8. Next it was contended by the learned counsel for the respondent that although there is no doubt that this Court has jurisdiction under Article 227 of the Constitution to entertain the present revision, as held in 'Nathu Ram v. Ram Partap', 53 Pun L R 90, that power should be exercised very sparingly, and that this is not a fit case in which it should be so exercised. He referred to the fact that in that case the power under the said. Article was exercised by the High Court only because the appellate authority was found to have acted without jurisdiction, According to him that could not be said of the District Judge of Mahasu who decided the appeal. He also cited 'Majaharali v. Mafijaddi Sardar', AIR (23) 1936 Cal 706, 'Ram Lakhan v. Kishore Lal,' AIR (20) 1933 Oudh 534 and 'Mahabir Lal v. Rajan Kuer,' AIR (22) 1934 Patna 191 in support of the proposition that the mere arriving at a wrong conclusion by misapplication of law would not justify interference by this Court. He further cited 'Ko Maung v. Maung Lu Doke,' AIR (24) 1937 Rang 61 in support of the view that the appellate authority had the jurisdiction to decide both rightly or wrongly. Now, none of these rulings has any application to the present case inasmuch as it is not merely a case of arriving at a wrong conclusion by misapplication of law. It was urged before the learned District Judge on behalf of the landlord that the house in suit was more centrally situated, being nearer to the main road and the bazaar, than the Kapoor Lodge, and he accepted this contention. The learned counsel for the respondent was however unable to point out to me any evidence on the record on foot of which the said contention put forward before the District Judge could have been accepted. The District Judge did not even make a local inspection, and that despite an application made in that behalf by the tenant. It is clear therefore that the said finding with regard to the house in suit being more central than the Kapoor Lodge was arrived at by the appellate authority quite arbitrarily and in the teeth of the unrebutted evidence to the contrary produced by the tenant and referred to above. That being so, this is a case where the appellate authority acted irregularly in the exercise of its jurisdiction, as held by me in 'Beg Ram v. Charan Das', AIR (38) 1951 Him P 16, following the Privy Council ruling 'Rajah Amir Hassan Khan v. Sheo Baksh Singh', 11 Ind App 237 (P C) as interpreted in 'Abdul Majid v. Daleep Singh', AIR (36) 1949 All 744, at pages 745 and 746 in the following terms:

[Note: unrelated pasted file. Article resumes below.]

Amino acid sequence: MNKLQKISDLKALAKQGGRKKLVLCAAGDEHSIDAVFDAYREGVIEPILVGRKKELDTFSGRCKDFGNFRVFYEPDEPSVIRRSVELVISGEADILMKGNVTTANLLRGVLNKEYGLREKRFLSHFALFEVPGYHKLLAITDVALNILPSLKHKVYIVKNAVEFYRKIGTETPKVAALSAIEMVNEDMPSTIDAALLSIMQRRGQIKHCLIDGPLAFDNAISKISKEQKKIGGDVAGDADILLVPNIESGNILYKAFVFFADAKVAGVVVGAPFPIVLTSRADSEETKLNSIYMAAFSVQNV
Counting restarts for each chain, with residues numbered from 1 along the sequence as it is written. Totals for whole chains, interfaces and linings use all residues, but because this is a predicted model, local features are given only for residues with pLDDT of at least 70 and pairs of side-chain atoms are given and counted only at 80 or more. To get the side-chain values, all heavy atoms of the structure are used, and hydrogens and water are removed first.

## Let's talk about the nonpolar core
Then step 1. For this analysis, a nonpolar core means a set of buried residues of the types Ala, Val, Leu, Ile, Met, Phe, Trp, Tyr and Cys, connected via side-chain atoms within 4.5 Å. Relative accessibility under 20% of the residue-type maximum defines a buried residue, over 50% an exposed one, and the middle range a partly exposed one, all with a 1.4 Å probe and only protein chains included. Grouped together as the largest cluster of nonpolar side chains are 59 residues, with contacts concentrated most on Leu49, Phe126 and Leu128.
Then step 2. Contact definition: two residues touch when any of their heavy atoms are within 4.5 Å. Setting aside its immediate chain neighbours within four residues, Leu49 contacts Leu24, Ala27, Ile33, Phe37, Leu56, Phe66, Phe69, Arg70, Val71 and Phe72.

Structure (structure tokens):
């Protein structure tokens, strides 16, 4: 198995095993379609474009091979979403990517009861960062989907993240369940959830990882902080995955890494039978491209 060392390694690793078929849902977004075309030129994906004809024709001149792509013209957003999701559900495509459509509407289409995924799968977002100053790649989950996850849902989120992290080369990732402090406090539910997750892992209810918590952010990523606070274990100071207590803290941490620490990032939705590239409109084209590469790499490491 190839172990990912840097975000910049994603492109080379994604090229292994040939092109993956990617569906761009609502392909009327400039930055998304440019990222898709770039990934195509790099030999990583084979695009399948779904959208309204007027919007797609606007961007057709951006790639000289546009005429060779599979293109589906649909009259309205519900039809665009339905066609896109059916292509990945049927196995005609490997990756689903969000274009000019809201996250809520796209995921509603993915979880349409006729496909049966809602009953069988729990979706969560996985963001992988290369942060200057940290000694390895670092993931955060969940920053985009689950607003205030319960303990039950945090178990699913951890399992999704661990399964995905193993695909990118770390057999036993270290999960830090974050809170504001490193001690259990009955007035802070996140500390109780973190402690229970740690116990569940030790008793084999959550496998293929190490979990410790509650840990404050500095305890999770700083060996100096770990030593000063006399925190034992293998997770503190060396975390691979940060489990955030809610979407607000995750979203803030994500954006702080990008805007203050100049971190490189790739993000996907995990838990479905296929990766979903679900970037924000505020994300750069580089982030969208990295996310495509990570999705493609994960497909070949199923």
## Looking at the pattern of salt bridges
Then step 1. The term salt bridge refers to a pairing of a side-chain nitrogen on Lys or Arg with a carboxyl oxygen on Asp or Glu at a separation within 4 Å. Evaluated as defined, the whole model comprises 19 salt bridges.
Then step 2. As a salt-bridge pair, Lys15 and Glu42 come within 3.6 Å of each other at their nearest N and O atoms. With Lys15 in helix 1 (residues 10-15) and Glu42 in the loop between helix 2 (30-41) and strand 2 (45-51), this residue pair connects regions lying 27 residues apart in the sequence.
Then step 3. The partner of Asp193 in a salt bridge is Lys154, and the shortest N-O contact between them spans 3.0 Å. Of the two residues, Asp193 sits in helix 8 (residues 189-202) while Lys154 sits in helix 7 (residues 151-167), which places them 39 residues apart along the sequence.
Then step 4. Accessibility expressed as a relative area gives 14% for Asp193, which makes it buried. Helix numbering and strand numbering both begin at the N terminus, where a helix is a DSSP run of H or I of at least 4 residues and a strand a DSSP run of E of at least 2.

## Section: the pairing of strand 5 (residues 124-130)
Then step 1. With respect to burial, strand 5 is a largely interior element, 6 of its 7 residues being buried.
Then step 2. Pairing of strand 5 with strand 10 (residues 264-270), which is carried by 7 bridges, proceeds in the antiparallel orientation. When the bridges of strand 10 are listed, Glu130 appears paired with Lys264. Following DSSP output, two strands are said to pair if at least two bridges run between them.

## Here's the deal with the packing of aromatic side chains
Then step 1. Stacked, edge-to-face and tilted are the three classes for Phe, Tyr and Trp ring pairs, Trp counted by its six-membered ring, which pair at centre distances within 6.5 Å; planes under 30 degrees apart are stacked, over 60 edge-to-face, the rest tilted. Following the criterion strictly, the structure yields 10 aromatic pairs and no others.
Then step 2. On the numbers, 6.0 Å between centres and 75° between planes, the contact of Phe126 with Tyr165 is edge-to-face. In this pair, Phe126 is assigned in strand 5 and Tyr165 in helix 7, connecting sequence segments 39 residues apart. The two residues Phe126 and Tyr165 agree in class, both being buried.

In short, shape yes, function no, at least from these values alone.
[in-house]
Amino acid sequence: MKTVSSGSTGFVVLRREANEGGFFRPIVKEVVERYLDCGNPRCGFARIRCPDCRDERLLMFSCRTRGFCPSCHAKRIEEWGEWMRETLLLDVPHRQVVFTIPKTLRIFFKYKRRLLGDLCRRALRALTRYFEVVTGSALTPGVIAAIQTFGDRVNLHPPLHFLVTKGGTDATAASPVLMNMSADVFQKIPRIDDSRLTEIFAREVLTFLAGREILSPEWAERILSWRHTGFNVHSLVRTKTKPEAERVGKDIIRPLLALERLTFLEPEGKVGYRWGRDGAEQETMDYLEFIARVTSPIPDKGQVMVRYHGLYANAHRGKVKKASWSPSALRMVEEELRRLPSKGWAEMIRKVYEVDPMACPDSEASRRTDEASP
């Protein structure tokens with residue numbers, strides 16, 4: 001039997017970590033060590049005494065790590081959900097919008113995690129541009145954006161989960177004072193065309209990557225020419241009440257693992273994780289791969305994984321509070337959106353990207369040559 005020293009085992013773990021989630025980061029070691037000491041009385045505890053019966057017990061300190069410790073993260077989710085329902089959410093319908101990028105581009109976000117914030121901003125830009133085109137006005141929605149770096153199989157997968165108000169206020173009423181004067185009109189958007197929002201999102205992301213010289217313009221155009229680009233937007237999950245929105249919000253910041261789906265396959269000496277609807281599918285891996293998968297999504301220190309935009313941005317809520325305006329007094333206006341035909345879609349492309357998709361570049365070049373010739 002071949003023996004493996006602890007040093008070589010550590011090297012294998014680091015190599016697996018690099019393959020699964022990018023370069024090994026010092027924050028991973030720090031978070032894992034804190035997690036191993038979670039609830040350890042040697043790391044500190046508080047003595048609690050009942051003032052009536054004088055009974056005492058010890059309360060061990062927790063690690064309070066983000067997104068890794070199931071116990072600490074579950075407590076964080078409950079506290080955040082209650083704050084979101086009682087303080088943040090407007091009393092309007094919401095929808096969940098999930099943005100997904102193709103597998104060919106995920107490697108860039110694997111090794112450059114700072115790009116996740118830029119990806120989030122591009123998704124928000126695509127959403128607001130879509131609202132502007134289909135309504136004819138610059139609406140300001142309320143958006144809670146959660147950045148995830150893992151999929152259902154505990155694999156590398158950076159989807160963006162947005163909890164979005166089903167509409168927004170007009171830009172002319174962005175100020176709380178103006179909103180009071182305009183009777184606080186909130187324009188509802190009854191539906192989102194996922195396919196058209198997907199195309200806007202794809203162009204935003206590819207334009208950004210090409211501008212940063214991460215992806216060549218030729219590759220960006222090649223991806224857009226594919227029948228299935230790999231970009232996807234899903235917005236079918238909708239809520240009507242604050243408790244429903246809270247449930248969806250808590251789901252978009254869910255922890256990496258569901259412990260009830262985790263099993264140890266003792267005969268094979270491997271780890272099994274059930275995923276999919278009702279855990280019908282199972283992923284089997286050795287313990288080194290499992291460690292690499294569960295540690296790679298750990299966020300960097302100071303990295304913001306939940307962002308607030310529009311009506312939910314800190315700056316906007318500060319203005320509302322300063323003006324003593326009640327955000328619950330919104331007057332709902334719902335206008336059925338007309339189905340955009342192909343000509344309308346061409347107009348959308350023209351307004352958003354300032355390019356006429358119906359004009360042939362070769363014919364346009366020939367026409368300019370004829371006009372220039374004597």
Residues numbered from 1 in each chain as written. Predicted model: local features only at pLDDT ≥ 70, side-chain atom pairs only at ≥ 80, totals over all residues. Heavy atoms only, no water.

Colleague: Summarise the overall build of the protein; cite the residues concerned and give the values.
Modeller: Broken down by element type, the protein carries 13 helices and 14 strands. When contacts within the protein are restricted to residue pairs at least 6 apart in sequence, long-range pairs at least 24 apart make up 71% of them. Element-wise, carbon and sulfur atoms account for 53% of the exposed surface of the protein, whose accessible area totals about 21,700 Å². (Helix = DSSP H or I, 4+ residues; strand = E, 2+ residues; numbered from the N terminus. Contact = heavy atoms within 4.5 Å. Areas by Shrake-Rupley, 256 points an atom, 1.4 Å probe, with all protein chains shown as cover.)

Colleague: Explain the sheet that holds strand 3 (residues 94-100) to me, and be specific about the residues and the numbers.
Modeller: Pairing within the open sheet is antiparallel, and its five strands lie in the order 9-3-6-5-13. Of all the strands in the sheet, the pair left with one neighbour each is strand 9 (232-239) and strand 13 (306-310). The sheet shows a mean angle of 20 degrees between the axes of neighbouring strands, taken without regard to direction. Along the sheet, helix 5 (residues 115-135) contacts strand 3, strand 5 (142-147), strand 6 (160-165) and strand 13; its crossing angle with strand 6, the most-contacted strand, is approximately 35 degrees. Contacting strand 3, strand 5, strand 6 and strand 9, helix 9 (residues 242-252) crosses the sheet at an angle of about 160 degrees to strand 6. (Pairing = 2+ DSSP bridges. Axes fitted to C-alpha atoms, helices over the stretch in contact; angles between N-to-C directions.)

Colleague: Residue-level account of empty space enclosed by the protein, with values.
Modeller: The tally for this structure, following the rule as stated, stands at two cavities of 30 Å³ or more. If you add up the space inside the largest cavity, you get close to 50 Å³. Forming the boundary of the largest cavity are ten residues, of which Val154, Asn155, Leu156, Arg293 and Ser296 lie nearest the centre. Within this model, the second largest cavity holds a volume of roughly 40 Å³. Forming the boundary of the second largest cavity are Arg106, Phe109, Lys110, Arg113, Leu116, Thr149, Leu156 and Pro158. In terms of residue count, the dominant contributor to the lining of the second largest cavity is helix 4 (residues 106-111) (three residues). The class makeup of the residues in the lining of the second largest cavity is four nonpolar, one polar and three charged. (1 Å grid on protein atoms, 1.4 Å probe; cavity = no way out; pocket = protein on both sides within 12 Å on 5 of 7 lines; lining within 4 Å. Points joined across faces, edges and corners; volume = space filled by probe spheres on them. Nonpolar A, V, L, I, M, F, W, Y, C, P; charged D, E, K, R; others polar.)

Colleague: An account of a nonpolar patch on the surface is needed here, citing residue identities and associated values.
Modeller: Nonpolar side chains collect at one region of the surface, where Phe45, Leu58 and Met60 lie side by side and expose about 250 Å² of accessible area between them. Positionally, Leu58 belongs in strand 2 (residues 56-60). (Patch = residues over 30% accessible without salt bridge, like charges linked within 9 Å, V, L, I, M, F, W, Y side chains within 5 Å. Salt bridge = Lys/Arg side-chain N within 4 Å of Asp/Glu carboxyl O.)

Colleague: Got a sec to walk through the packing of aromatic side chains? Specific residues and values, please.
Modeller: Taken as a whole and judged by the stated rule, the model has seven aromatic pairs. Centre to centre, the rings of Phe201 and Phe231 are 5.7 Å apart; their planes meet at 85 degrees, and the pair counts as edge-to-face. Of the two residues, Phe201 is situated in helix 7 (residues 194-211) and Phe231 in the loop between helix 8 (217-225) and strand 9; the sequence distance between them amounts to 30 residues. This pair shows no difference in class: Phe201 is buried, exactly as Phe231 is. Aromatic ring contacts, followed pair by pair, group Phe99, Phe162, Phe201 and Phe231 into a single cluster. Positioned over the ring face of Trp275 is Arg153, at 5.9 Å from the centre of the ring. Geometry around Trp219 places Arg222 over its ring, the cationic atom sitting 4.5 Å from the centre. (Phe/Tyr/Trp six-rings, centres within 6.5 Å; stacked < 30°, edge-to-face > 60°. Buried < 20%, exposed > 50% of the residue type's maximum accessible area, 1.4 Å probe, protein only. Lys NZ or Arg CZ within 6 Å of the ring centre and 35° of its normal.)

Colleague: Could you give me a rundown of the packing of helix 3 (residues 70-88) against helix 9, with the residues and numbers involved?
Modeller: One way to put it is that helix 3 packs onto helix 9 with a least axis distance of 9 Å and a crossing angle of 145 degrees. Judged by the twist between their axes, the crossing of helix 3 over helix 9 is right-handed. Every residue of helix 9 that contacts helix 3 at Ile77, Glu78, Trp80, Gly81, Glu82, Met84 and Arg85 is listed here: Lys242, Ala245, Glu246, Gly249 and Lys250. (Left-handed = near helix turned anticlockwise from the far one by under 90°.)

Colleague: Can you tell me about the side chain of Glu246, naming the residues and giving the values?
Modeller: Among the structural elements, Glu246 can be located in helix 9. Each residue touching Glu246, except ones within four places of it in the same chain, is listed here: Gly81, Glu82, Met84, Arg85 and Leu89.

'It seems to us, therefore, that the material word in Section 115, Sub-section (c) is 'acted'. This clause will apply when the Court 'acts' illegally or with material irregularity in the exercise of its jurisdiction. It cannot apply to cases where the Court merely comes to a wrong decision on a question of fact or law. The use of the word 'acted' indicates the true position and limits this clause to that class of cases where the Court having jurisdiction violates any rule of law or of procedure prescribing the mode in which such jurisdiction is to be exercised. The arriving at a conclusion or decision is only a mental operation and the Court cannot be said to be 'acting' in so coming to a conclusion or decision on a question of law or of fact.'
In the present case the arriving at the said conclusion by the learned District Judge cannot be attributed to a mental operation for the simple reason that there were no data for his mind to operate upon. On the contrary, he violated all the rules of law and procedure by arriving at the said conclusion without there being an iota of evidence on the record to justify that conclusion. It is clear therefore that he acted with material irregularity in the exer-cise of his jurisdiction, and that this is for that reason a fit case for interference by this. Court in exercise of its powers of superintendence under Article 227 of the Constitution.
9. The result is that this application in revision is allowed, the judgment and decree ofthe lower appellate Court are set aside and thejudgment and decree of the trial Court, theRent Controller, are restored. The petitioner isawarded Rs. 25/- as costs.